The Lost Symbol persists in maintaining its major criticism from the premiere about the show amounting to not much than a generic thriller. It carries little personality or spark of its own to make it stand out as something unique. And yet, series director Mathias Herndl pulls off some interesting character beats resulting in some truly standout moments that offer a glimmer of hope in elevating the show ever so slightly above standard Hollywood fare.
Most of the storyline still involves Langdon and Katherine getting from point A to point B as they are tailed by the CIA. Inoue Sato continues her investigation, running one step behind the duo. The central thread in this sophomore episode is about obtaining Peter Solomon’s ring that contains the cipher to decrypting the message encoded in the pyramid which could potentially reveal the location of the ancient portal. Mal’akh takes a bit of a backseat this episode and while he makes his presence felt, I’m hopeful we’ll get to learn more of him as the show comes closer to adapting the book’s closing chapters.
The strongest bit comes when Katherine and Langdon reminisce about their time together while waiting in a car as Nunez goes to fetch the ring from the evidence locker. Katherine struggles with her own bout of guilt and regret over her brother Zachary’s death as their father left Zachary to rot in Turkey’s prison as a means of teaching him a lesson about life. Valerie Curry gives a strong performance when Zachary taunts her that she did him a huge favor by disagreeing with her father’s choice and not doing anything else about it or acting on it. She bears the weight of being unable to rebel against her father strongly enough to convince him to let Zachary out.
This harkens back to an earlier flashback where we see the said conversation happen. And although it goes by quickly, Langdon’s reaction helps further deepen his character as this stoic, cold, insensitive guy who’s more concerned with his history and symbolism than discussing family matters. It almost alienates him in Katherine’s eyes but it’s commendable for how the scene fleshes out Langdon’s personality; he appears aloof, socially distant in a way and, as Nunez points out rather humorously, enjoys indulging in explanations about historical mumbo-jumbo, very much a lift-off from the books.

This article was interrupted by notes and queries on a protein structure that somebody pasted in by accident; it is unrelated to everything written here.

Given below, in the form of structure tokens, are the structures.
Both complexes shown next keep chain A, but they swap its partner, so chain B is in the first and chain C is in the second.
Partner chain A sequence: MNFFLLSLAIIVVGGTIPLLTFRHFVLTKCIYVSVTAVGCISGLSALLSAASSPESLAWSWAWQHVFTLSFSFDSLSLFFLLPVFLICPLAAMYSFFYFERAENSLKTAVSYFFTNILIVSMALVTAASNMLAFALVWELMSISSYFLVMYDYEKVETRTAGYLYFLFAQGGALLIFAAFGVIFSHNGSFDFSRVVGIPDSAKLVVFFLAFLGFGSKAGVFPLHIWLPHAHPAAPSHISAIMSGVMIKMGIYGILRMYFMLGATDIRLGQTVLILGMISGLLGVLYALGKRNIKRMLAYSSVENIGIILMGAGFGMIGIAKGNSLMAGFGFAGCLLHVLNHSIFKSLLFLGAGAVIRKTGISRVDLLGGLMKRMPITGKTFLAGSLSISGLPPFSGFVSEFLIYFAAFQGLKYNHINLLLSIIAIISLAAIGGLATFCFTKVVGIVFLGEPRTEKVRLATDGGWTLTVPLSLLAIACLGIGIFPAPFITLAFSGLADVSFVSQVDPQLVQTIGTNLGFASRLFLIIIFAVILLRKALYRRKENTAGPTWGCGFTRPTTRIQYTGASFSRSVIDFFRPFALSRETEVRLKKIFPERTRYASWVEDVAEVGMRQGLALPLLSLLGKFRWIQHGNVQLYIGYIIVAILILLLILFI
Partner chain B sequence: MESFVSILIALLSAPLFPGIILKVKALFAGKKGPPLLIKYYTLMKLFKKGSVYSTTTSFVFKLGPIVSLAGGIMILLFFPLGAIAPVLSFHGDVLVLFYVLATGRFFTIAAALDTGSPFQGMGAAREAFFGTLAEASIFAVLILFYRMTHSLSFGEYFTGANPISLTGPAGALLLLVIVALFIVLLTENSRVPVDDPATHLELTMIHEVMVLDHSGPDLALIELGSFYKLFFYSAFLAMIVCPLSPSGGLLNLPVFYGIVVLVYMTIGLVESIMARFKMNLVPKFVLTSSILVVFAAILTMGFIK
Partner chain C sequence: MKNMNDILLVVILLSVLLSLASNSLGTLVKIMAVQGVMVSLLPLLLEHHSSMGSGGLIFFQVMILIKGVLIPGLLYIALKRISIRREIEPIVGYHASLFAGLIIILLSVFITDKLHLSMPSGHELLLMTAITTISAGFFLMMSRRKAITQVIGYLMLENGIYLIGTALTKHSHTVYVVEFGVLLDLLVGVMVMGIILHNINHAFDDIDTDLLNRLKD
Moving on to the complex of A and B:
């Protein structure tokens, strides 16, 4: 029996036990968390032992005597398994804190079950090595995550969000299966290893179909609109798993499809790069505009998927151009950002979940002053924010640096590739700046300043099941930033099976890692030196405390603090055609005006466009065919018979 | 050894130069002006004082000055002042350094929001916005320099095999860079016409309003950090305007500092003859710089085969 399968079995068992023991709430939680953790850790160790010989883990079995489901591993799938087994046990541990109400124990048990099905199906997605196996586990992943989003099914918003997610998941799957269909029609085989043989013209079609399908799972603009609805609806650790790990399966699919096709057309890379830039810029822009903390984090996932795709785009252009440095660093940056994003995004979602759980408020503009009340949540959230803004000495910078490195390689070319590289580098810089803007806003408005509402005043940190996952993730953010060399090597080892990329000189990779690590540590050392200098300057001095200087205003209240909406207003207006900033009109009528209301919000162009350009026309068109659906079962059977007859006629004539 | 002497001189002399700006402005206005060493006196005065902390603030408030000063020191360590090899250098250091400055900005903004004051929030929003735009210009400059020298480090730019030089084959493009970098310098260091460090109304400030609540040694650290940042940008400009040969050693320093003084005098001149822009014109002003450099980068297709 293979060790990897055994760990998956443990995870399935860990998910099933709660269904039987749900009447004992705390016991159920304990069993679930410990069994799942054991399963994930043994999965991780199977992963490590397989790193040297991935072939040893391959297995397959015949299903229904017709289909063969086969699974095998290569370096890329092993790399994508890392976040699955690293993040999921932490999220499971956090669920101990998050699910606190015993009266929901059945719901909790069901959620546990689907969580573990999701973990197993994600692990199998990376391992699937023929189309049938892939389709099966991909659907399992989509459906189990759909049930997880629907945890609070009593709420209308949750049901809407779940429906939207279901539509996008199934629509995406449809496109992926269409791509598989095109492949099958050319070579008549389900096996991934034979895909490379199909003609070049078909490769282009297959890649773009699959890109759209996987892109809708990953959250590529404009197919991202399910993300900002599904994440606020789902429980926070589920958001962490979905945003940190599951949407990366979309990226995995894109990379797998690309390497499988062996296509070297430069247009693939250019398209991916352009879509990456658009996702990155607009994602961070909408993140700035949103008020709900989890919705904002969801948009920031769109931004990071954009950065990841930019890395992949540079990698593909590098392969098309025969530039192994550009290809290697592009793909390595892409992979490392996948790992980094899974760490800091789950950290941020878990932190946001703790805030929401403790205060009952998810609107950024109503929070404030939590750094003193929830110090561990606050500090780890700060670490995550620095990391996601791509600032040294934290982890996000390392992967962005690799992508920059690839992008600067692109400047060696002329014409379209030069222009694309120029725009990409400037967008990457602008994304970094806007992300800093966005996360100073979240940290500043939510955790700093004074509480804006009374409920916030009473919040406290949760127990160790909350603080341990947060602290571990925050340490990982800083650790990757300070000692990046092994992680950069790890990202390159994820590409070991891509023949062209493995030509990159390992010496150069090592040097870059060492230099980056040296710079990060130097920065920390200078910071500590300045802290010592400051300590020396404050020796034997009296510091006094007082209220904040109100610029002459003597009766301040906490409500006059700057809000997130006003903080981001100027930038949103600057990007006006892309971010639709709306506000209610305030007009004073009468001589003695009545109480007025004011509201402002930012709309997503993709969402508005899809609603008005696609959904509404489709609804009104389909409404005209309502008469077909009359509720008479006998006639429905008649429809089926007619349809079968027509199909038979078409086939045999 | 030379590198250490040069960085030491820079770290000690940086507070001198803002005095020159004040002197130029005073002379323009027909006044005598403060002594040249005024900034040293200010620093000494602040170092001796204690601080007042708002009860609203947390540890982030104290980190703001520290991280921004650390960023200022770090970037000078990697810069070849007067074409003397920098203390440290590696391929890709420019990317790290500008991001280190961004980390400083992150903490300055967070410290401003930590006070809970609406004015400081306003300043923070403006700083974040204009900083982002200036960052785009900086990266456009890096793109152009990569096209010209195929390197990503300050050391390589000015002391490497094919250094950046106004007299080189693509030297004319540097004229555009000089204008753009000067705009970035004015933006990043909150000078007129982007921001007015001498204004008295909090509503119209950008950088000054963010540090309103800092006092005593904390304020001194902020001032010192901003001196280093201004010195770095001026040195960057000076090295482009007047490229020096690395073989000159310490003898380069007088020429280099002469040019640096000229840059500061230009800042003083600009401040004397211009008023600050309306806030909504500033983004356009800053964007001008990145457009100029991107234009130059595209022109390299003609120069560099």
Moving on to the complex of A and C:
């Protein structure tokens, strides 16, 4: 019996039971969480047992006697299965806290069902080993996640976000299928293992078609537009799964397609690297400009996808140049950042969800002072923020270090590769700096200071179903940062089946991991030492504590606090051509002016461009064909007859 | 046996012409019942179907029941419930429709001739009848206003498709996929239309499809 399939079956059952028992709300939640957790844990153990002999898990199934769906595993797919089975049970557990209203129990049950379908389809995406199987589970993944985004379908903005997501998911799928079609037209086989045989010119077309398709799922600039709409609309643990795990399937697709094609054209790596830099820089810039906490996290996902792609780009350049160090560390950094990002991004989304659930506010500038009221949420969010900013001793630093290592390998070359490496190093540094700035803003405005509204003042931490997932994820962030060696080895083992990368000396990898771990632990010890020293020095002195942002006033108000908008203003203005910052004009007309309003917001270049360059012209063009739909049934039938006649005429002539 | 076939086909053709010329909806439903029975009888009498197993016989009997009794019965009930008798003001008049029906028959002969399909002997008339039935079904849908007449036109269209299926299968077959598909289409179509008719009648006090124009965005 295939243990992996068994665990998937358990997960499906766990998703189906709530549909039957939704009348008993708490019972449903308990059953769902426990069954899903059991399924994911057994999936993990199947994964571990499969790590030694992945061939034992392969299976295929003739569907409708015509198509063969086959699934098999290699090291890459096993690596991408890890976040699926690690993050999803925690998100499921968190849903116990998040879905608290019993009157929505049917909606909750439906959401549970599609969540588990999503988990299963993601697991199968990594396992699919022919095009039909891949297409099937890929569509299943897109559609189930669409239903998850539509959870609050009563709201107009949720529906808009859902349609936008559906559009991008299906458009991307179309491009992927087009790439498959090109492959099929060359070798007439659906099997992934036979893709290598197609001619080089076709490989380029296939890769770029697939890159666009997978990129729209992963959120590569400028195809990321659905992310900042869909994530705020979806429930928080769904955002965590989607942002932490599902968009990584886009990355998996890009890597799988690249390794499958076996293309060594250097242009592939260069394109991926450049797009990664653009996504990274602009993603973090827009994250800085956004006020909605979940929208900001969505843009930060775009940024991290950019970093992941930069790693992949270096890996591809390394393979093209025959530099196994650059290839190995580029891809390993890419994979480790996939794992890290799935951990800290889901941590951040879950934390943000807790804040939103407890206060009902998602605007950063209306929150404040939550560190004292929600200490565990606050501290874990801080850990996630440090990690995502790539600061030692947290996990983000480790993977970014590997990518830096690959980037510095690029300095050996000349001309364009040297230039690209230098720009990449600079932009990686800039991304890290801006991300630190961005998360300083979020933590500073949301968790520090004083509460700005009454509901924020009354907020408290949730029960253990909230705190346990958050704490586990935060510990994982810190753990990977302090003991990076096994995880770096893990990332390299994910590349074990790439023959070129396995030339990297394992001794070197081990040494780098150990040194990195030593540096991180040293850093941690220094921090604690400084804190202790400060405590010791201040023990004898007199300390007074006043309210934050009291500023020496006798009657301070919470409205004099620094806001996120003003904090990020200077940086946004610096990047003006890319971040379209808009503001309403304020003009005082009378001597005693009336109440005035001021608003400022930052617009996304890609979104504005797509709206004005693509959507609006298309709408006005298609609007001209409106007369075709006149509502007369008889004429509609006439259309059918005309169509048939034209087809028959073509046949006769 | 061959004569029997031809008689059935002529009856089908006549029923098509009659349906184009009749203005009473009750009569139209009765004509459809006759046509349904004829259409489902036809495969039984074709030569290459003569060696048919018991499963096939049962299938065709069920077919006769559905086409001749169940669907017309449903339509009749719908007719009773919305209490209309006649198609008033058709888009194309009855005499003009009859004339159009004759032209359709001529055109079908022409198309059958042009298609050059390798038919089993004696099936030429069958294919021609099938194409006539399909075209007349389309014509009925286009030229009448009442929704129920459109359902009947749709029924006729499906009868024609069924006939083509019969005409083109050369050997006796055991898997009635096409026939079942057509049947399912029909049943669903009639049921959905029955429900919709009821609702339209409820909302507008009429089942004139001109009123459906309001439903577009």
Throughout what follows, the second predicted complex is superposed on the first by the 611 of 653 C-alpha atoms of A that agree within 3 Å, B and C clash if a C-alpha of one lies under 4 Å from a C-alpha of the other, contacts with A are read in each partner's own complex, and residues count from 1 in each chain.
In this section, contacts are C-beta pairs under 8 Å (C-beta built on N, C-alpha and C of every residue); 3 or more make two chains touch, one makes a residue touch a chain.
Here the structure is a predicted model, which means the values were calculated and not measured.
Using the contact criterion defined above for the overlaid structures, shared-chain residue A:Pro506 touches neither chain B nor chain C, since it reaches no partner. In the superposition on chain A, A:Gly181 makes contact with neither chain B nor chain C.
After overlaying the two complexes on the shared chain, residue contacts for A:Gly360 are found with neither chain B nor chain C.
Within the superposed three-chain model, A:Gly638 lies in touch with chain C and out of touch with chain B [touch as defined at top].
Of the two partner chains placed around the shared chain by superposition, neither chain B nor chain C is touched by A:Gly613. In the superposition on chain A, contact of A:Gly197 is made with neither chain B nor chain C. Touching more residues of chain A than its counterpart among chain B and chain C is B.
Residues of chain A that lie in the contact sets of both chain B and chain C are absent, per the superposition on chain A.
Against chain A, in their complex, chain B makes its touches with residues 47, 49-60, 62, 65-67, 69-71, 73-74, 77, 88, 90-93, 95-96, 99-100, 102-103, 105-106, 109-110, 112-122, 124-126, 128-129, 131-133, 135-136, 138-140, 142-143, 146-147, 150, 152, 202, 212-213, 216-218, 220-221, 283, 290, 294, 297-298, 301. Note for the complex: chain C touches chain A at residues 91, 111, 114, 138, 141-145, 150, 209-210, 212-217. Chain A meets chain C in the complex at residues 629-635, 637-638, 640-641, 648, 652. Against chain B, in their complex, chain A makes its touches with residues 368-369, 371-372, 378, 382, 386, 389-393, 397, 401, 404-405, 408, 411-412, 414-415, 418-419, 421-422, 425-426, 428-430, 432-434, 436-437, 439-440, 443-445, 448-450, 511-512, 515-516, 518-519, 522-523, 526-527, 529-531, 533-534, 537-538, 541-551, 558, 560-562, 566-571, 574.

Langdon doesn’t get much room for growth but we do see a couple of new flashes as his claustrophobia kicks in. It’s likely the show will delve deeper into his past that led to this condition, hopefully without risking trite exposition. It would certainly add a bit more dimension to the show’s Langdon seeing as we’re unlikely to learn much otherwise about his early life. The show also displays remarkable improvement in involving viewers into the puzzle solving: using pi to decrypt hebrew was an engaging bit, even if it was over a bit too quickly.
We also learn what Peter Solomon has been upto during this time. He’s been trying to escape though his attempt, as it turns out, is a red herring. In the episode’s final moments, we understand the significance of the episode’s title as we learn Solomon is some sort of suspended state and his “escape attempt” was all an elaborate lie running in his head while he lies suspended. It does help explain why Mal’akh isn’t too bothered about Solomon running away. Solomon’s apathy towards Zachary is also laid out although one could argue, as Langdon reasoned, that he was a firm believer in facing the consequences of one’s actions even if he took this a bit too far with his son.
The Lost Symbol continues to maintain its high production values. Again, nothing stands out as extraordinary but the cinematography is competent and the plot flows neatly, thanks to some sharp editing. The score heard during Katherine’s flashback is poignant and the first musical flourishes I’ve seen in this show. Ironically, the show drowns itself out when it gets absorbed in the symbolism of the freemasons, which is supposed to be its strongest suite seeing as its based on Dan Brown’s novel. As we progress further in the story, the connections between the symbols and characters should start approaching more clarity as in the books. If The Lost Symbol maintains this momentum, we would at least have a faithful and competent adaptation of Dan Brown. And who knows, maybe Digital Fortress may be next.